Calorie restriction as a means to control one’s body weight and the healthy side benefits of this method has gained a lot of attention from both the general media and the scientific community in recent times. Looking at PubMed — a major scientific research database, it is noteworthy that the number of citations for calorie restriction in the first seven months of 2017 is about equal to the number of citations given from 1944 to 1982.
The health benefits of calorie restriction were first noted in the seminal lab rat studies of Dr. Clive McCay at Cornell University in the 1930. These benefits include longer lifespan and significant metabolic improvements. The issue is that many individuals find it difficult to follow a program of daily caloric restriction. One way is to decide to limit portion sizes.
In this “Super-size me” world this may seems like an impossible task, but it is clear from the statistics of Global obesity (Globesity) this is a rational and sensible approach to weight management.
Portion control is a simple yet effective approach to weight management. How much you eat is certainly as important as what you eat. Think of food as a way to ensure getting the nutrients that you need. You will not want to squander limited calories on crap food that does nothing to enhance your health and longevity, would you? You want to get as much nutritional bang for your calorie (bucks) as possible so spending them wisely and carefully makes sense.
First, plan your meals and snacks in advance. After you cook or prepare your meals, divide them up into sensible portions so you will not be tempted to overindulge. Many food items can be stored for weeks in the freezer, and by having such foods ready and available you are less likely to make quality or quantity mistakes.
Secondly, fill up with fiber because it is important for your digestive health but also it will keep you feeling full. Consumption of fiber is also healthy for your heart, keeping your blood sugar under control and is linked to longevity. The best sources are fruit, vegetables, whole grains, nuts and beans to get the best value for your nutritional currency.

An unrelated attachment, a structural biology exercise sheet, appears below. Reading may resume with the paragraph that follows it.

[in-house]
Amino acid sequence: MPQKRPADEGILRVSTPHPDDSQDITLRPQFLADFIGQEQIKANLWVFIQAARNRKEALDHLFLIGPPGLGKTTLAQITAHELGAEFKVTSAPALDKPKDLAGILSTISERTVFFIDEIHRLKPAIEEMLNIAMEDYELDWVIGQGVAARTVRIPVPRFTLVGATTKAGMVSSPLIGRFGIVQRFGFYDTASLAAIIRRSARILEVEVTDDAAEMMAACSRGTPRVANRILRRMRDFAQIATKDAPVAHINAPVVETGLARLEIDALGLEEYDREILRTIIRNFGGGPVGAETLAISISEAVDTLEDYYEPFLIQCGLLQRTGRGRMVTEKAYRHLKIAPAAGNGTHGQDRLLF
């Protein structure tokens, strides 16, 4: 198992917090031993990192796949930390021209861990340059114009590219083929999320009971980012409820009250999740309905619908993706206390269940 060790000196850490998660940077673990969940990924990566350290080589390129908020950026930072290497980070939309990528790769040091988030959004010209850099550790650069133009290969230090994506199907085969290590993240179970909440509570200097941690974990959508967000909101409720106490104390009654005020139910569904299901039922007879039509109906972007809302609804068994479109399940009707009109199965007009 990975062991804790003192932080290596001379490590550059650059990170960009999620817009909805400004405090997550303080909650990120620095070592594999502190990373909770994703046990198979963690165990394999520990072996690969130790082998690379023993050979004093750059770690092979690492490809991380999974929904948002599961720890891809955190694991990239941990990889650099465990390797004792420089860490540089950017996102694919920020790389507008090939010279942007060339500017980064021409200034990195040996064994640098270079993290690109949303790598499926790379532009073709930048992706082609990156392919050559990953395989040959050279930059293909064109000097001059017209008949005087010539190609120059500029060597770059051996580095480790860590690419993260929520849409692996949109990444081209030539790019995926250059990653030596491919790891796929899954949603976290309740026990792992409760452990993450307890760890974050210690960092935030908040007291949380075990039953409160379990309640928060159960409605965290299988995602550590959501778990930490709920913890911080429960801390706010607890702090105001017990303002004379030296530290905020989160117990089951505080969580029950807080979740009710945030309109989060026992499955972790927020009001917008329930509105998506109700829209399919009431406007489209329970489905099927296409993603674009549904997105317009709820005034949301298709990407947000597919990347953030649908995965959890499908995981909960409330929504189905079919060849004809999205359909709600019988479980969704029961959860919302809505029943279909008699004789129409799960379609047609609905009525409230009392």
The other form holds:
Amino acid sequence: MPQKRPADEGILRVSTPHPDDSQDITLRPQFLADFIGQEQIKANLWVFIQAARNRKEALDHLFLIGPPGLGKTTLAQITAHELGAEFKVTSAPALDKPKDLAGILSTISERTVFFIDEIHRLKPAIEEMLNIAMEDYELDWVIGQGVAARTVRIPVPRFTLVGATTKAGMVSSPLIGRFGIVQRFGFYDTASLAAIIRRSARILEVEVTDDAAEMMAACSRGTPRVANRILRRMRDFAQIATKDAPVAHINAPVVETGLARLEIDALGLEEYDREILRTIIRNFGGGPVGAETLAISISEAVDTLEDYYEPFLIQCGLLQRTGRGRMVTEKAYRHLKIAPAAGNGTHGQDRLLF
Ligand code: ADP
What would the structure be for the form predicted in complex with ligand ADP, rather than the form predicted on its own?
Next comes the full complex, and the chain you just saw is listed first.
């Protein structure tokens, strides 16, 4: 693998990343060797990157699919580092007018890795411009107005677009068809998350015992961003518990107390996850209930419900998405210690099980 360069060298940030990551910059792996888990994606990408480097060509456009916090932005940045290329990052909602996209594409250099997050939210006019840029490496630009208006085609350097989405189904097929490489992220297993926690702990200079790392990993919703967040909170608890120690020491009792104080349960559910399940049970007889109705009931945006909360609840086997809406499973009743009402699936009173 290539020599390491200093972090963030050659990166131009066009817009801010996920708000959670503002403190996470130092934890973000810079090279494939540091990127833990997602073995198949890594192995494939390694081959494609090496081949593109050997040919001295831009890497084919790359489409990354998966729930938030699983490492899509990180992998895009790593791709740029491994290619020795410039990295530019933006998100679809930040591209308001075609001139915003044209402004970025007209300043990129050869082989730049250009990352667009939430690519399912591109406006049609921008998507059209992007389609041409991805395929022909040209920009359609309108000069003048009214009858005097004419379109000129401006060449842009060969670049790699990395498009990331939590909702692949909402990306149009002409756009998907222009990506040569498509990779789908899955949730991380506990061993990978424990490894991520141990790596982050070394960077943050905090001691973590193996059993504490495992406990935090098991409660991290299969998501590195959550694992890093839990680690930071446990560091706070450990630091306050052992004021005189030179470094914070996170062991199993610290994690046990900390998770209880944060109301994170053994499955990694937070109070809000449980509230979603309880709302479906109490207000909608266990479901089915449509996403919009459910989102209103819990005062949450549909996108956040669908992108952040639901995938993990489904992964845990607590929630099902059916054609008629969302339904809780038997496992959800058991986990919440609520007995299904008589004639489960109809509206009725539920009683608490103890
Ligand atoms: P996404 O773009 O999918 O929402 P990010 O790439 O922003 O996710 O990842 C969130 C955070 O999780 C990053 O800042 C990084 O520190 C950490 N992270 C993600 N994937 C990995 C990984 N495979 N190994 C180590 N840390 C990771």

Thirdly, you want to eat your colors, to get nutritional variety into your diet. A good rule is to fill half your plate (it should be a regular sized dinner plate, not the mega plates that are in common use in this day and age) with plant foods and then split the remaining half with protein or legume and whole grains.
The possible almost infinite variety in our diet is a luxury that we have due to the modern-day food industry, but it is still also a good idea to, as much as possible, eat local and eat what is in season. You can get lots of variety by eating from our local farmer’s market and you will be spending your calories wisely.
Finally, it goes without saying that you must not indulge in “seconds.” Many scientific studies have revealed that it takes a full 20 minutes for your brain and stomach to communicate to each other that you are satiated.
If you wolf down your food so quickly that you reach for more before you have given your body time to acknowledge that it has what is needs, you are simply overriding the feedback mechanism. Take your time eating, chew your food, savor the flavors, so that you stop when you are full.
Other sensible methods of weight maintenance such as intermittent fasting which also has decided health benefits are reasonable given our hunter and gatherer heritage wherein we would go hungry some days and in fact be all the better for it.
Calorie restriction and intermittent fasting have much in common from a health benefit perspective, however, calorie restriction is a daily reduction in calorie intake usually between 20 to 40 percent of an individual’s energy requirements (while of course providing the essential nutrients) whereas intermittent fasting refers to setting aside one or two days a week in which one significantly reduces their caloric intake.
I will write more about intermittent fasting and the many benefits of this style of weight management. Until then, wishing you and yours the healthiest life imaginable. A hui hou.
Dr. Jane Riley, EdD., is a certified personal fitness trainer, nutritional adviser and behavior change specialist. She can be reached at email@example.com, 212-8119 cell/text and www.janerileyfitness.com.